“There are always new insights being taught because the instructors are bringing diverse perspectives from industry,” said Waterloo master’s student Andrea Reman. 

Dr. David Lee demonstrates the installation of a mini-piezometer to determine the flow of groundwater into a stream.Dr. David Lee (adjunct professor at UW) – center - demonstrates the installation of a mini-piezometer to determine the flow of groundwater into a stream as the course instructor Dr. Brewster Conant (UW) - right - (in yellow), TAs  David Wilson (in dark blue) and Pieter Aukes (in light blue) – back center right- , and other students look on. The students then proceeded to put in their own mini-piezometers to make water level measurements, determine flow directions, and perform hydraulic tests on the streambed sediments.

More than 30 professionals, including faculty members, environmental consultants and industry leaders dedicated their time and knowledge to enhance learning objectives throughout the three-week period. With Waterloo Science’s reputation in cutting-edge field research, these professionals often end up building connections with students  and creates a foundation for recruitment opportunities upon graduation. The element of experiential learning that combines both fundamental and state-of-the-art field methods with industry applications and knowledge is a large reason why those enrolled are in demand by employers.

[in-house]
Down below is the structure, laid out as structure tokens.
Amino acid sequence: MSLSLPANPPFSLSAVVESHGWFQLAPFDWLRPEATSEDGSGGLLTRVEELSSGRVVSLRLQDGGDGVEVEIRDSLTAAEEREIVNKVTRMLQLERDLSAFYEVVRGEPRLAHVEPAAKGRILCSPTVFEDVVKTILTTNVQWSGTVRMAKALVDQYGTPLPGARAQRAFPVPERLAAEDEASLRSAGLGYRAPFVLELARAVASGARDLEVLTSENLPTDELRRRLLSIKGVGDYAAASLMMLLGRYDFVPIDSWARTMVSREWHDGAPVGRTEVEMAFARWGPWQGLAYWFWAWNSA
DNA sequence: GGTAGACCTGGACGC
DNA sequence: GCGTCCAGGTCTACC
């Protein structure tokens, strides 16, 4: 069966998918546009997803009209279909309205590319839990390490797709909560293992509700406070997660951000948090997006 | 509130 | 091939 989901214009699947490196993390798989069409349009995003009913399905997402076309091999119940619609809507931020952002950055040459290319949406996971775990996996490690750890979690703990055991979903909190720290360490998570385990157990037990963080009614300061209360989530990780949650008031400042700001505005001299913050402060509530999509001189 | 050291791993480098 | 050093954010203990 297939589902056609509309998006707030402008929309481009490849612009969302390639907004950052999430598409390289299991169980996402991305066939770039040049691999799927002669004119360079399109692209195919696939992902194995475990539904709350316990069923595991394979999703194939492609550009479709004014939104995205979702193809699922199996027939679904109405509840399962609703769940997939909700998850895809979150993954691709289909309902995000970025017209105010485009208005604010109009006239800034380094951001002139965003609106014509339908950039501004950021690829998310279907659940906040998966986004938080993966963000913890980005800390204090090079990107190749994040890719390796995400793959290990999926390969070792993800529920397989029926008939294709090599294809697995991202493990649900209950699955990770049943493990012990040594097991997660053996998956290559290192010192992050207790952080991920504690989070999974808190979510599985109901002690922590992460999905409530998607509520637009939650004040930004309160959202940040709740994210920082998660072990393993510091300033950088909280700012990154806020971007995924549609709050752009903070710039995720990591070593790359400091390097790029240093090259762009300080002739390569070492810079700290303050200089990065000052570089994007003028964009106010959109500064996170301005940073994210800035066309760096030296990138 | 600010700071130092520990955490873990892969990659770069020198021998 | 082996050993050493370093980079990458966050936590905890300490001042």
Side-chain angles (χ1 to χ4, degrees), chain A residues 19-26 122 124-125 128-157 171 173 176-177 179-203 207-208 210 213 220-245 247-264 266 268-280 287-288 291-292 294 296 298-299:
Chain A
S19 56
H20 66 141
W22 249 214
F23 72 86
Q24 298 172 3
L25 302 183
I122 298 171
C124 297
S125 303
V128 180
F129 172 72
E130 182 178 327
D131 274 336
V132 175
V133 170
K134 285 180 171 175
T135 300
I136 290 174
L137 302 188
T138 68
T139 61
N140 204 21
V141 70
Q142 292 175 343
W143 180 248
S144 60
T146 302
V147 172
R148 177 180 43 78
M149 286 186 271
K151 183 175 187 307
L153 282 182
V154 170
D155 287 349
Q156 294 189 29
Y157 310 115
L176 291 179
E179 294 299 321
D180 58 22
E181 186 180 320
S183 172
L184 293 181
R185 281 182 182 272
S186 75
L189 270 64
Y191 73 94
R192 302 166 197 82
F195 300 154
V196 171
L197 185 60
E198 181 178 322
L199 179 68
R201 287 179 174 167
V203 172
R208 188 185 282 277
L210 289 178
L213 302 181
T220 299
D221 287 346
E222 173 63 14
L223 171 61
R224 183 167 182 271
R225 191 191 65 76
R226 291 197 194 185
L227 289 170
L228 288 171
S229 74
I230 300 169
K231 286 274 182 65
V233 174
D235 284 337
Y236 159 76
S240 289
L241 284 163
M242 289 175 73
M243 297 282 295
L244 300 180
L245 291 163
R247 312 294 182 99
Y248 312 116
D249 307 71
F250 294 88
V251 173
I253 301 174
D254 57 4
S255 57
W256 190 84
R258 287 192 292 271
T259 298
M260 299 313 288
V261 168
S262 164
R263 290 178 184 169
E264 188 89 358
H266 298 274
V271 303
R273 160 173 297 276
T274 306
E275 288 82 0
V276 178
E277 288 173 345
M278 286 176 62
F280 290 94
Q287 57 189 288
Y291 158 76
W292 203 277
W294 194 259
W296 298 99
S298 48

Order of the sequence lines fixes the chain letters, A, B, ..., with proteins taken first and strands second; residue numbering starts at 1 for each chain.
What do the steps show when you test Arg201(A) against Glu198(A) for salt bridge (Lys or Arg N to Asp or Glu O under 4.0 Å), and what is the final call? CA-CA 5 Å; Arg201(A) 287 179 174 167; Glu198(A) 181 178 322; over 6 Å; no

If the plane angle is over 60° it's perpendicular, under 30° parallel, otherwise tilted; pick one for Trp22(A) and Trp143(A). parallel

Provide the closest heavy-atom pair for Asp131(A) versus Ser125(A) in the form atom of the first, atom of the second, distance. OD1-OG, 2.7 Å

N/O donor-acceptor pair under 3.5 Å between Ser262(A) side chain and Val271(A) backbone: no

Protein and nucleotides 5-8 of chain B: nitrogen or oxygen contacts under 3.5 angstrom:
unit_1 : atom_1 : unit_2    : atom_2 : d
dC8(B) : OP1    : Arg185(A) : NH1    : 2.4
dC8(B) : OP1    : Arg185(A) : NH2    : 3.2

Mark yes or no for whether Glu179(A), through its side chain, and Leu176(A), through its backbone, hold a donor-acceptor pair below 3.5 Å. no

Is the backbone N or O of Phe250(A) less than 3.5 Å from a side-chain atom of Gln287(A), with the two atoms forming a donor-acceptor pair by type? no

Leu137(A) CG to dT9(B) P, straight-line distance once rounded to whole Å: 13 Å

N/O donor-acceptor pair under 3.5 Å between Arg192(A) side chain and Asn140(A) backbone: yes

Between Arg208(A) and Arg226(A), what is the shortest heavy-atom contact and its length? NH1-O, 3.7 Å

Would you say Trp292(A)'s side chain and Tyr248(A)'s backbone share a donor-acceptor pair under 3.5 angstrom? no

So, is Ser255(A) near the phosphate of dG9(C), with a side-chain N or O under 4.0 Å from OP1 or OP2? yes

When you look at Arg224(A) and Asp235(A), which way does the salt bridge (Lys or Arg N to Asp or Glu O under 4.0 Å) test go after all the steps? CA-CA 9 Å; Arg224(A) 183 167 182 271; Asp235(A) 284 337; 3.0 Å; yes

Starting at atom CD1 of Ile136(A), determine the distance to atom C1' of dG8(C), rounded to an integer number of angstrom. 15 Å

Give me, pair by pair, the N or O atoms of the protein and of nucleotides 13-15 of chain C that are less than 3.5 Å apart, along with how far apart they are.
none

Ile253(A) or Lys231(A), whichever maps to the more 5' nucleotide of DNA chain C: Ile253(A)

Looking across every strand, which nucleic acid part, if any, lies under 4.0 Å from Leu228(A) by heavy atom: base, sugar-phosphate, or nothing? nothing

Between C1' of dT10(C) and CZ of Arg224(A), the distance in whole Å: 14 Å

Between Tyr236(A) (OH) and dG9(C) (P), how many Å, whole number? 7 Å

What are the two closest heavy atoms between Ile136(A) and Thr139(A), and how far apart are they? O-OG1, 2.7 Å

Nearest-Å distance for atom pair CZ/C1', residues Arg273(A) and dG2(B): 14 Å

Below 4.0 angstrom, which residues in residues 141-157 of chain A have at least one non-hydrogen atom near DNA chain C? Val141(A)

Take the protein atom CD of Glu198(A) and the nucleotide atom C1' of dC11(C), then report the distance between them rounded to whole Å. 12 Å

“Overall, I thought the course was great,” said a student in their evaluation. “I found it incredibly valuable as the majority of demonstrations and activities were completely new to me and were my first time trying them hands-on. I cannot imagine going out into the workforce without having done this course.

Students interested in taking the EARTH 671 Field Methods in Hydrogeology course can check out the academic calendar or contact course instructor, Professor Brewster Conant Jr., for more details.